Archive for the ‘Charlotte’ Category

Recently our city was all abuzz about a group of people running a shock campaign holding signs with graphic images on them that would be enough to turn the stomach of even the most jaded of us. Their goal was to show the “truth” about abortion by displaying gory images of dead dismembered babies, and to therefore sway people to their point of view.

The problem with this campaign is all it seems to do is piss people off.

I heard from people on all sides of the issue and the only thing people were talking about was how awful it was that these people, who claim to be doing this “for the children,” were displaying these horrific images in public places where all ages were subjected to them. Even people who agreed with their basic message disagreed with their methods.

There is a history of lawsuits and uproar concerning this kind of shock advertising, and time and time again it has been protected under the first amendment. Freedom of Speech. One of our most valued freedoms. And yet, we seem to forget sometimes that what we CAN do isn’t necessarily what we SHOULD do, much less what will be successful in getting our point across. When trying to generate buzz on a topic or a product, the last thing you want to do is have people across the board talking negatively about your method, rather than discussing the real issue at hand.

Is all buzz good buzz? I say absolutely not, and it’s a lesson we should all keep in mind during a time when “viral” is everyone’s goal.

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Last year on this blog, while writing an article about ways that companies and agencies are trying to make a difference, I mentioned the amazing and inspiring results of Sydney, Australia’s effort to bring attention to climate change. For one hour, the city turned out the lights. 2.2 million people participated, and corporations got involved. Their goal was to reduce carbon emissions during that hour by 5%, but the enthusiasm for the attempt resulted in a 10.2% reduction.

This year, the Earth Hour movement has gone global. All across the world, cities and individuals are getting involved and turning out the lights on March 29 from 8-9 pm. Every person counts! Get involved in this event – have a candlelight dinner, watch the stars or have a “lights out” party with your neighborhood. Turn out the lights in your business’s building. Spread the word to everyone you know, and let’s make an impact: Lights Out on March 29!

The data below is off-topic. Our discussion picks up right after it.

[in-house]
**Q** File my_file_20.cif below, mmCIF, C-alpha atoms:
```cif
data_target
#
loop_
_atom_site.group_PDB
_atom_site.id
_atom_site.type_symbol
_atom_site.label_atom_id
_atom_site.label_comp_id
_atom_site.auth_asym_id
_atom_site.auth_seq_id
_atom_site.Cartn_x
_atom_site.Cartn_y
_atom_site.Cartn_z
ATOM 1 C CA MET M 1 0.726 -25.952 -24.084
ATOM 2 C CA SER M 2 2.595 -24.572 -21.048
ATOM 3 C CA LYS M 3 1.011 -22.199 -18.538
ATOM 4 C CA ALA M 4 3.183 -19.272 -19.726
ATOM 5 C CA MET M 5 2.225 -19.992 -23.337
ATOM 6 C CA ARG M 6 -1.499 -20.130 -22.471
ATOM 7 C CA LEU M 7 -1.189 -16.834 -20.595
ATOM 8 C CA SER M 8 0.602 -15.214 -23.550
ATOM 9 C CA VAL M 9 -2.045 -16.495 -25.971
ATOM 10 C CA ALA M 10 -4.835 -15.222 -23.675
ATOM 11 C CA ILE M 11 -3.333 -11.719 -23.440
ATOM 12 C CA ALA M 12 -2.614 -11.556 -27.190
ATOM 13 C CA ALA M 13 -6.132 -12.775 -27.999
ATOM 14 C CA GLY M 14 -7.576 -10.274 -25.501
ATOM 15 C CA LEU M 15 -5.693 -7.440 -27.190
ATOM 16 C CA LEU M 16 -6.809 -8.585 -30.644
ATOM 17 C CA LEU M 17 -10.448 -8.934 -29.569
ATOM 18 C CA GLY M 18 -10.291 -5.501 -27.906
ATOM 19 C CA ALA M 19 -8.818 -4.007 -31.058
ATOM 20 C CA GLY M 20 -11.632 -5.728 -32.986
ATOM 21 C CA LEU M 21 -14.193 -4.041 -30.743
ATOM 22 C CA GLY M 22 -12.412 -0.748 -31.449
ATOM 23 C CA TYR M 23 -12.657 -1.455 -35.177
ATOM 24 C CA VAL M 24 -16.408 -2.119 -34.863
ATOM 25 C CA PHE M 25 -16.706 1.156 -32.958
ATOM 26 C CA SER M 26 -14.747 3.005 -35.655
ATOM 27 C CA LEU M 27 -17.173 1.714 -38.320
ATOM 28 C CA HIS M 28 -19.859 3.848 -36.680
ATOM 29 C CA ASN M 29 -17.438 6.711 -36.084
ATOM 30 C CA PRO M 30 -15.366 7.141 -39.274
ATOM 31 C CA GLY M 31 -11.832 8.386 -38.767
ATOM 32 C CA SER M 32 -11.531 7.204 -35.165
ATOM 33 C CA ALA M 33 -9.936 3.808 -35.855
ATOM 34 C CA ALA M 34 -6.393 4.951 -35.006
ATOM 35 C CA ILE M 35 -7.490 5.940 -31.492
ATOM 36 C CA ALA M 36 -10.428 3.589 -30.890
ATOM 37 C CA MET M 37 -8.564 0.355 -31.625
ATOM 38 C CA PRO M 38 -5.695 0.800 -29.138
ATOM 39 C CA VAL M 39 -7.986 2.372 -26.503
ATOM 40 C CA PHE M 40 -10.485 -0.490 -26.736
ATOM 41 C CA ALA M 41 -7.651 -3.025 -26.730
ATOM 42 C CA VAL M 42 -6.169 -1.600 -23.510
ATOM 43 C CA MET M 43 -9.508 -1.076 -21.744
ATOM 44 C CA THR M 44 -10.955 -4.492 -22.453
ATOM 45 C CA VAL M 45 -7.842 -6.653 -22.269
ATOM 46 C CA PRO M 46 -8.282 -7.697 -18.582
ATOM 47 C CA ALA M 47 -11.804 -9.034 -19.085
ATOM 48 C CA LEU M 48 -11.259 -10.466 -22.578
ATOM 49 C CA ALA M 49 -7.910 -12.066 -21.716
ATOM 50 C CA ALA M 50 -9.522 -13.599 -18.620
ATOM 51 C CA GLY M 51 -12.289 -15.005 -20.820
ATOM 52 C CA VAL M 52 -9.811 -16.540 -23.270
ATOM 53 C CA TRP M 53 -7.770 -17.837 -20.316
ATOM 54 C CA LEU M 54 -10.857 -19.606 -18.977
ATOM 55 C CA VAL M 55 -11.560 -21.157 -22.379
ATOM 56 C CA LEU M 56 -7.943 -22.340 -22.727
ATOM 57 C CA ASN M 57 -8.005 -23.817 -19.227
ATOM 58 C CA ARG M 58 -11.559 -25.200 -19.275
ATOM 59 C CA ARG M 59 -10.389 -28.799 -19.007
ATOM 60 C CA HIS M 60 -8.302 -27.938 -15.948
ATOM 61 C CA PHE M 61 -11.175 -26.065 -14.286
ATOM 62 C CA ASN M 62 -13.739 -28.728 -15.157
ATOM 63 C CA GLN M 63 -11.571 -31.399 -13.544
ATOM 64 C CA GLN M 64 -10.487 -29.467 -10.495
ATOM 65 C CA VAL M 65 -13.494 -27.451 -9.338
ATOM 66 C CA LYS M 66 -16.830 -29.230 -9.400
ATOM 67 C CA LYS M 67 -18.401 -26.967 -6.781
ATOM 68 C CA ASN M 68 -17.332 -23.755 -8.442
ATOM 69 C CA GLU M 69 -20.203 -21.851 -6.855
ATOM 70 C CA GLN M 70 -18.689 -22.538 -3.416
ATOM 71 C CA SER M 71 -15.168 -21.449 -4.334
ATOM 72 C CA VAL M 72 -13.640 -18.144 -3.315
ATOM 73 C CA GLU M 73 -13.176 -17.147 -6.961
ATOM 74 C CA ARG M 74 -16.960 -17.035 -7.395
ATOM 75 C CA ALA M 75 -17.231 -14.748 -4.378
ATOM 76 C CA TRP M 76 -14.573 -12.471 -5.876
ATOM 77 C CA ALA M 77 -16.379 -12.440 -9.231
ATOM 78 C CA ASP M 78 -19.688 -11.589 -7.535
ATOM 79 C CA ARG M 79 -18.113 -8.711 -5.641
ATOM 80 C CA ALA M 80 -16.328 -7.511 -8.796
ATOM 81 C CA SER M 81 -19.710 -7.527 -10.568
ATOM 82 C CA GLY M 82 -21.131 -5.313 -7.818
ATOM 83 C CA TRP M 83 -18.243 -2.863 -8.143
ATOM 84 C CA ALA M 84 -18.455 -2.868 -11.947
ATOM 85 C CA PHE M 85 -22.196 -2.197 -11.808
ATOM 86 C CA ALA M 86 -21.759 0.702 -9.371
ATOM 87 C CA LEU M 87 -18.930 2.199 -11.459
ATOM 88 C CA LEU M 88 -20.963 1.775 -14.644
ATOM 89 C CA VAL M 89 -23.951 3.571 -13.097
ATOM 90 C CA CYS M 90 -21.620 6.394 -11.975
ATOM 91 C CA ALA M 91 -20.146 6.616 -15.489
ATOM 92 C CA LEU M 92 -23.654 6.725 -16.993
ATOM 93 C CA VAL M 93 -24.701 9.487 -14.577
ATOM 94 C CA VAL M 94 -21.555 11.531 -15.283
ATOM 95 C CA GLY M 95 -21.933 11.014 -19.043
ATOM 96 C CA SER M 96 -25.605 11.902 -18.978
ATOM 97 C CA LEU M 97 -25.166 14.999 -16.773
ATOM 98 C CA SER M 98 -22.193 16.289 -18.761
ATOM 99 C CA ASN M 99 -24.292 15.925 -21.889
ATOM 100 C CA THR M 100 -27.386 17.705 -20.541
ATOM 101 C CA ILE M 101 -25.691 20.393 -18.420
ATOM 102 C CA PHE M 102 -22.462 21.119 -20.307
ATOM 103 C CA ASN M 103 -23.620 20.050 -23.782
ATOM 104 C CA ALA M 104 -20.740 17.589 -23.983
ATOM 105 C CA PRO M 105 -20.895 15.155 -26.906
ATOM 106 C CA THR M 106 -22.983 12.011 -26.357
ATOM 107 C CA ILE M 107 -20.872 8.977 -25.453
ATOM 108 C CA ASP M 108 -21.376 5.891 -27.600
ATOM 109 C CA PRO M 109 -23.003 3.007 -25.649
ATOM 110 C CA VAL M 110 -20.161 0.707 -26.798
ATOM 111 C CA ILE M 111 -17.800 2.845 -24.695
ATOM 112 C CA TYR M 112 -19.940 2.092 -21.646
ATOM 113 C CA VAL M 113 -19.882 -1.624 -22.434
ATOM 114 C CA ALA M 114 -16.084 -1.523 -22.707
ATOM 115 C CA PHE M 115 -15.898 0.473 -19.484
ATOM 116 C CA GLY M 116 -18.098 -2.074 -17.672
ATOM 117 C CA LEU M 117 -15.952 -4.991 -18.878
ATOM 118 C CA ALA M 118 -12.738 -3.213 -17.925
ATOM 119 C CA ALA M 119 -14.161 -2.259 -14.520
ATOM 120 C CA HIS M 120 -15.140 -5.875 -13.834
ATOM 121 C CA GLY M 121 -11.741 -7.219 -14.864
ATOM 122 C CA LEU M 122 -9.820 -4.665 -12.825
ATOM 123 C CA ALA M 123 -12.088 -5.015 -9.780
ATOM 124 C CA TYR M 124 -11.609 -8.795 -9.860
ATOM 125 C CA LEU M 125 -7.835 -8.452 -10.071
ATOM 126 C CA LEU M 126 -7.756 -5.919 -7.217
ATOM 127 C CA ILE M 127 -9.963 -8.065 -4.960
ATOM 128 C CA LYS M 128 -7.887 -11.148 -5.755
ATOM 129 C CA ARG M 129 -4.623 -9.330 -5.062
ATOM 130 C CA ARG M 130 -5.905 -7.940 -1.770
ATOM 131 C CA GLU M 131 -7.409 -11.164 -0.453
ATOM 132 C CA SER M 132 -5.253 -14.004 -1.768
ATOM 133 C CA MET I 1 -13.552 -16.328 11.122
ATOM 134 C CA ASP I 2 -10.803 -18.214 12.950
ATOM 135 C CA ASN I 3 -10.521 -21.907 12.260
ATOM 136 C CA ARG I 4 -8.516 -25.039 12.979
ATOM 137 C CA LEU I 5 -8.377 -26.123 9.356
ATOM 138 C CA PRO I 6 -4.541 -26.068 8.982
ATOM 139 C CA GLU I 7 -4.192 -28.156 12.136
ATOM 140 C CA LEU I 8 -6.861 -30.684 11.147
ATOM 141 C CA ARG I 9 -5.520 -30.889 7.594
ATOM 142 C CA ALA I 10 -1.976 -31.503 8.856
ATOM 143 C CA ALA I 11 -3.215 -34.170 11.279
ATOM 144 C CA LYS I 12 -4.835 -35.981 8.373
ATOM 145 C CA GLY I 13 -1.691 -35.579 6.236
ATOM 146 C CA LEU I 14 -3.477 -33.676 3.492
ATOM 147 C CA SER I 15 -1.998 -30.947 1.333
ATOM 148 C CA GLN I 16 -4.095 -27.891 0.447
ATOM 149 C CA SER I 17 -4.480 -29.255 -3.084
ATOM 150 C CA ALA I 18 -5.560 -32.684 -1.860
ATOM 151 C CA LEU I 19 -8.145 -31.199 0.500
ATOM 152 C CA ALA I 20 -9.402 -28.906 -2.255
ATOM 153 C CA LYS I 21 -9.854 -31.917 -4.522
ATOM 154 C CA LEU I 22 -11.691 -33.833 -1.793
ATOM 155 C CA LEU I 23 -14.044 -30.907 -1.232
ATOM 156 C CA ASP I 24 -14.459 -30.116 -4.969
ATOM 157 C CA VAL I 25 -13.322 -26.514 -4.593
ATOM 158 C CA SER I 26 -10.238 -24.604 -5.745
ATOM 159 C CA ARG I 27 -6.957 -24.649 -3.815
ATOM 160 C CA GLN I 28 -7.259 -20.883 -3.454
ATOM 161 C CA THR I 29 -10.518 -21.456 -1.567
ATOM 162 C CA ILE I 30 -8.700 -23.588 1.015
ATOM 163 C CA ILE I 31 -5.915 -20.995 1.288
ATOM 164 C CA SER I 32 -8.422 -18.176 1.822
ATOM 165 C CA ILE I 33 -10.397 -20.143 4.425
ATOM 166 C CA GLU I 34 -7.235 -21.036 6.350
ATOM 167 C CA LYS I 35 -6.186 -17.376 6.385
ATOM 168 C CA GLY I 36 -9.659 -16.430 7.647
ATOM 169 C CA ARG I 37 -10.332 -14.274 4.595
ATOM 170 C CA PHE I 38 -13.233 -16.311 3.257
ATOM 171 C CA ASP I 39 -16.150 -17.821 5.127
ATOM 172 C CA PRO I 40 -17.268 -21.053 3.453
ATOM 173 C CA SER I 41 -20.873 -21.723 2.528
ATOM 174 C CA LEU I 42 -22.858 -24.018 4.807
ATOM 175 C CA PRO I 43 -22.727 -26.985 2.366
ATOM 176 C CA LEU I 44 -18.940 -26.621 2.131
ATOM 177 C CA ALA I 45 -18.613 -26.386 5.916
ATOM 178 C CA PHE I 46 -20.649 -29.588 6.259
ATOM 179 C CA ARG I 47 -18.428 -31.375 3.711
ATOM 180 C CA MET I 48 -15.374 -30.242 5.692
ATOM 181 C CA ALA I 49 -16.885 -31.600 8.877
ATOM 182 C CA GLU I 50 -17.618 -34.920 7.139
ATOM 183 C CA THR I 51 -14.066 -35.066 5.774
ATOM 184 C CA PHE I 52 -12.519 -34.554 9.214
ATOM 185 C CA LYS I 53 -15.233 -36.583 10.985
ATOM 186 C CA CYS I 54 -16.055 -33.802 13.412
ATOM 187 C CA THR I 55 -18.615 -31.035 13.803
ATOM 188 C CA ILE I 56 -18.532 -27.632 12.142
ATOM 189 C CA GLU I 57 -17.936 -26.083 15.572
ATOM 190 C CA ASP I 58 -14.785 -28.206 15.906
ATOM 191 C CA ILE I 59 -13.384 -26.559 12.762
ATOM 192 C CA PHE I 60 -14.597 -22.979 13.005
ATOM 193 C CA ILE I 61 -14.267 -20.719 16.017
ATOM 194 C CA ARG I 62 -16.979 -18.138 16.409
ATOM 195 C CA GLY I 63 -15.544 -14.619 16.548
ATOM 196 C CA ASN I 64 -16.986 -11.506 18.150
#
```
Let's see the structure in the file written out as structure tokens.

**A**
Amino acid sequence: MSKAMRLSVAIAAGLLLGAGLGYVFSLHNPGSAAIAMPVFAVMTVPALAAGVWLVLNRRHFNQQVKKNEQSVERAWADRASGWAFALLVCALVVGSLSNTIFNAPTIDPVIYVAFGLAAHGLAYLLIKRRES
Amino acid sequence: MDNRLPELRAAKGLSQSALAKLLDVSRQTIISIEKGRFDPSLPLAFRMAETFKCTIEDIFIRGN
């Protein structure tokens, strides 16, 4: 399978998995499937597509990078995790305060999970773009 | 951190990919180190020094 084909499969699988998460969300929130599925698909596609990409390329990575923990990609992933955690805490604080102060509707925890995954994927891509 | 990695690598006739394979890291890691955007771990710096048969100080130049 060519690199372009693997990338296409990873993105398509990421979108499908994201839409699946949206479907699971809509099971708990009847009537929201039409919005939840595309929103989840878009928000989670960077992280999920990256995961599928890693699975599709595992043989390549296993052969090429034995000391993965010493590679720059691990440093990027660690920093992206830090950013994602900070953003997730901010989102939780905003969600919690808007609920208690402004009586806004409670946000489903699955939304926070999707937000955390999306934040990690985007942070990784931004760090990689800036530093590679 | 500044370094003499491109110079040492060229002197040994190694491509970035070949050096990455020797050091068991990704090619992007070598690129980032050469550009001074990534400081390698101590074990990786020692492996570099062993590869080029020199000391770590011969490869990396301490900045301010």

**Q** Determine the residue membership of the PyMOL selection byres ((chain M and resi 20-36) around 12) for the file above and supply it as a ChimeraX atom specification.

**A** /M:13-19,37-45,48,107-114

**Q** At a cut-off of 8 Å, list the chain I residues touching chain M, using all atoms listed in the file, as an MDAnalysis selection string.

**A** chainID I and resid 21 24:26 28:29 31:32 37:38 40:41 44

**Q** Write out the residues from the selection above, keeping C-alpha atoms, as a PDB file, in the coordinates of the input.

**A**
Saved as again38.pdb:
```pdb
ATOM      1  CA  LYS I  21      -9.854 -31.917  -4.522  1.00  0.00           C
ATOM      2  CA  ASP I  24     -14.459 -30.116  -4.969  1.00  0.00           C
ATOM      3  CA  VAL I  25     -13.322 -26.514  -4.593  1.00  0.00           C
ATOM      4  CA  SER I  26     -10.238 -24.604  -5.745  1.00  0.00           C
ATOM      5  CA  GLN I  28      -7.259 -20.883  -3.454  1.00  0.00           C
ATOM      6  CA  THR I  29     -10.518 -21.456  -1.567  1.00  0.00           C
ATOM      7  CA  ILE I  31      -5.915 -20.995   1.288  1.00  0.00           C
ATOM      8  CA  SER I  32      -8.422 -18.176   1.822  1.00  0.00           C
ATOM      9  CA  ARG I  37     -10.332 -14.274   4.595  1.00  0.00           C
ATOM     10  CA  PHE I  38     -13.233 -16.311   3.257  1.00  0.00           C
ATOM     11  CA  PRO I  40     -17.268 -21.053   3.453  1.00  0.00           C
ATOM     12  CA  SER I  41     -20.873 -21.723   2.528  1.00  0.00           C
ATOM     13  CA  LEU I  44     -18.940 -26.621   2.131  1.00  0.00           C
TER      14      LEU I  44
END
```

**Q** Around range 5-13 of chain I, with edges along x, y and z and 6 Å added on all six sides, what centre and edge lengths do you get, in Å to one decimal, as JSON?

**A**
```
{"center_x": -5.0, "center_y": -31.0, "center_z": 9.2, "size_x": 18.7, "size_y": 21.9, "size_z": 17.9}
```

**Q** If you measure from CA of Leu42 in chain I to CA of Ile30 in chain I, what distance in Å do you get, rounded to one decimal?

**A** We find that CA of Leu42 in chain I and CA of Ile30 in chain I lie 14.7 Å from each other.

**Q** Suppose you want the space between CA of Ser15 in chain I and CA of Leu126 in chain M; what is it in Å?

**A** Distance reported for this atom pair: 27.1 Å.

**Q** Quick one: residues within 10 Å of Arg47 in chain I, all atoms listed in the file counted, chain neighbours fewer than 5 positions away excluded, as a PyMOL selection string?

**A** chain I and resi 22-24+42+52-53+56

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AIGA Charlotte recently held a panel discussion with the women of Charlotte design. Speakers included Shannon Bone, spec rep from Xpedx Paper; Christy Vannetta, client service with StudioBanks; Carolyn Colonna, art director at Birdsong Gregory; Kara Hollinger, art director at Ginger Griffin; and Terry Cox, president of BIG Council.

The questions ranged from topics like what challenges they face as women in business in Charlotte, whether they thought Charlotte is a more or less challenging place to be a woman in business, what advantages they have over their male counterparts in the design industry, and how difficult it has been to overcome the southern tradition of male-dominated business.

The panelists had a lot to say. Their responses were mostly positive, with most agreeing that in our particular industry, they had not noticed a heavy bias toward men. They all agreed that Charlotte is a growing city with a huge opportunity for business, and for the most part (barring the occasional “little lady” comment) is open to women in business just as much as men. They were upbeat about the design community as being open and welcoming, as opposed to some other cities where the fear of competition keeps friendliness at bay. One panelist mentioned that, as the only woman in her small agency, she found it difficult only when the guys held their semi-annual beard-growing competitions, when she had to convince her clients that the company wasn’t being run by a bunch of hobos.

The discussion ended on a lighter note with the panelists being asked what kind of shoe they would be. Flip-flips, sneakers, black heels and Gucci loafers were the wide-ranging answers, which reflects the style of the women of Charlotte business – from comfy to classy, from no-nonsense to slightly decadent, women in Charlotte come in all kinds, and all are finding their pace.

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